The genetically modified food fight is going to be a biggie for some time to come. Even internally, we didn't come to consensus with our endorsements
Many folks will latch onto Michael Specter's less-than-flattering portrait of anti-GMO activist Vandana Shiva
and his questioning of the lack of scientific evidence in his New Yorker
Others will side with the resistance, people like David Bronner of Dr. Bronner's Magic Soaps, who point out how bad GMO farming is bad for our planet
, setting aside the debate about potential outcomes in our bodies, momentarily.
If you find it enlightening — probably more a vote for Bronner's camp — the U.S. Department of Agriculture sent out a press release yesterday announcing "measures to help farmers diversify weed control efforts." Essentially, this is a problem with monoculture, cited in our case-in-favor argument.
Keeping crops well manicured can take a toll on local ecosystems.
From the release: "The issue of herbicide resistant weeds has become one of increasing importance for agriculture. When herbicides are repeatedly used to control weeds, the weeds that survive herbicide treatment can multiply and spread."
This is why the likes of Michael Pollan and Joel Salatin have become famous in their fight for polyculture and a return to small-farm practices, where a holistic approach has the potential to heal our lands, while setting the precedent for truly sustainable farming practices.
Infer what you will considering the USDA feels the need to take this action for awareness and better management practices. If you aren't voting for a right to know what is in your food, you may wish to vote simple to send the message that you aren't a fan of GMOs because of environmental impact to which they contribute. By in essence vilifying them through mandatory labeling, it is at least a first step in dissent — that's how many anti-GMO folks are viewing the matter.
Here's the full release:
Agriculture Secretary Tom Vilsack today announced several steps that the U.S. Department of Agriculture (USDA) is taking to address the increase of herbicide resistant weeds in U.S. agricultural systems.
"Weed control in major crops is almost entirely accomplished with herbicides today," said Vilsack. "USDA, working in collaboration with the Environmental Protection Agency, must continue to identify ways to encourage producers to adopt diverse tactics for weed management in addition to herbicide control. The actions we are taking today are part of this effort."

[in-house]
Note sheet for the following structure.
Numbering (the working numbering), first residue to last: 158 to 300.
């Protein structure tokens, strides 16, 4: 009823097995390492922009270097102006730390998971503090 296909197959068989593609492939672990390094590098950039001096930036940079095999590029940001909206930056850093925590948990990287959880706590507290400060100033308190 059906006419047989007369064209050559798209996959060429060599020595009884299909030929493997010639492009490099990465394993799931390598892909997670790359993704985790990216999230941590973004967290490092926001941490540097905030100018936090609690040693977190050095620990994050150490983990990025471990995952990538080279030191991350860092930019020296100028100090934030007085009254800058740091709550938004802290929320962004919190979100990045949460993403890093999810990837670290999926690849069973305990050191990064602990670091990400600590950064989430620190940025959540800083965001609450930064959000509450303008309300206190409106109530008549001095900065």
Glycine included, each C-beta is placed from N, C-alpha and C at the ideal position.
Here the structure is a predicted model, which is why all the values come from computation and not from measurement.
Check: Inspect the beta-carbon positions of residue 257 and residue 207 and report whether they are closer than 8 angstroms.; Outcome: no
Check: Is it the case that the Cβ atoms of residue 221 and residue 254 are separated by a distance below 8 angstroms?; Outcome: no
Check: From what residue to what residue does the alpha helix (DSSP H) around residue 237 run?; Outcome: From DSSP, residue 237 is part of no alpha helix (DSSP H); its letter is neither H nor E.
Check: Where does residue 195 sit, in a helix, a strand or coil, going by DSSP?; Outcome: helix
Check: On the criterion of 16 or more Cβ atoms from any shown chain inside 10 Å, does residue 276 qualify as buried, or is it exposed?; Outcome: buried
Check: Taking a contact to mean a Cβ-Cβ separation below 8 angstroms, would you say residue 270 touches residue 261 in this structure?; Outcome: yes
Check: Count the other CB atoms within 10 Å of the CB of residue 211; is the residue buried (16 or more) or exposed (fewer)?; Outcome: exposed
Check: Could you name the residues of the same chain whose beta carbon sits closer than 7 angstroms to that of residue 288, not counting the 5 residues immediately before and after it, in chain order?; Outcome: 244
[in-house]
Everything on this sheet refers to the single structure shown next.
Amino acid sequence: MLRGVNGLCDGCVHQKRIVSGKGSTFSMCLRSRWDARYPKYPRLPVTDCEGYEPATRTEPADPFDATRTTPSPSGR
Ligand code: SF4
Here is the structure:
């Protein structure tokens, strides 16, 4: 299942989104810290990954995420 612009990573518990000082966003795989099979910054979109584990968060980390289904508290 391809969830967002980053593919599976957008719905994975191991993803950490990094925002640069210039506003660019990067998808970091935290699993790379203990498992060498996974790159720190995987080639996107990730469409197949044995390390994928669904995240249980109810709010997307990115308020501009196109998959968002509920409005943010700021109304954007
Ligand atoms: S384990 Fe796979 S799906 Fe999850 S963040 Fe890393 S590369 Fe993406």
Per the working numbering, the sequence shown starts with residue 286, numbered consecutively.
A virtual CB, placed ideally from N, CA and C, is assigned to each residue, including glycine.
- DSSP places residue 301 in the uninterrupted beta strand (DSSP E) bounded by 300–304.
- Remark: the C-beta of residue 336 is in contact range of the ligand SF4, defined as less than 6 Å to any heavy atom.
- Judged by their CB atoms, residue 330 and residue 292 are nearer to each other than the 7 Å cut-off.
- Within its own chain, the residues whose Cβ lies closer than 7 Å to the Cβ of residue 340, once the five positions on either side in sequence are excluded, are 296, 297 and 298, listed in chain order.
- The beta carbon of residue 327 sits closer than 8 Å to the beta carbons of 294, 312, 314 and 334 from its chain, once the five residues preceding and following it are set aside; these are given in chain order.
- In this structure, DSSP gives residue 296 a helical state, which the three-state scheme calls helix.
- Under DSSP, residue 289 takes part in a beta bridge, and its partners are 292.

Today USDA is announcing several of the steps it is taking to help farmers manage their herbicide resistant weed problems in a more holistic and sustainable way:
USDA's Natural Resource Conservation Service (NRCS) will offer financial assistance under its Environmental Quality Incentives Program (EQIP) for herbicide resistant weed control practices that utilize Integrated Pest Management plans and practices.
Later this year NRCS will be soliciting proposals under the Conservation Innovation Grants (CIG) Program for innovative conservation systems that address herbicide resistant weeds.
USDA's Animal and Plant Health Inspection Service (APHIS) will actively promote use of best management practices (BMPs) in design protocols for regulated authorized releases of genetically engineered (GE) crops and will include recommendations for BMPs with the authorization of field trials of HR crops.
USDA is partnering with the Weed Science Society of America (WSSA) and is providing funds to develop education and outreach materials for various stakeholders on managing herbicide–resistant weeds. The Secretary has directed Dr. Sheryl Kunickis, Director of the USDA Office of Pest Management Policy, as the point person leading this effort with the USDA.
The issue of herbicide resistant weeds has become one of increasing importance for agriculture. When herbicides are repeatedly used to control weeds, the weeds that survive herbicide treatment can multiply and spread.
With EPA's announcement today on the registration of new uses for herbicide mixtures containing the herbicides 2,4-D and glyphosate (in the Enlist® formulation) in conjunction with new genetically engineered crop varieties, farmers are being offered one more new tool to better manage emerging populations of herbicide-resistant weeds in corn and soybeans crops. In its decision for 2,4-D use on genetically modified corn and soybean, EPA has outlined new requirements for registrants as part of a product stewardship program.
The USDA Office of Pest Management Policy worked with EPA to address the issue of herbicide resistance through appropriate label language that will require registrants to develop a stewardship program for the herbicide, develop training and education on proper use of the product that includes diversifying weed management, investigate and report nonperformance, and develop and implement a remediation plan for suspected herbicide resistant weeds.
EPA intends to require the same stewardship plans for all new applications for product registration on genetically modified crops with the goal being to encourage effective resistance management while maintaining needed flexibility for growers.
USDA recognizes that the problem of herbicide resistant weed control will not be solved solely through the application of new herbicides. USDA has worked with the Weed Science Society of America for a number of years on identifying best management practices for farmers and on addressing impediments to adoption of those practices.
USDA will continue to work to ensure that growers have the diverse tools they need to address the management of herbicide resistant weeds.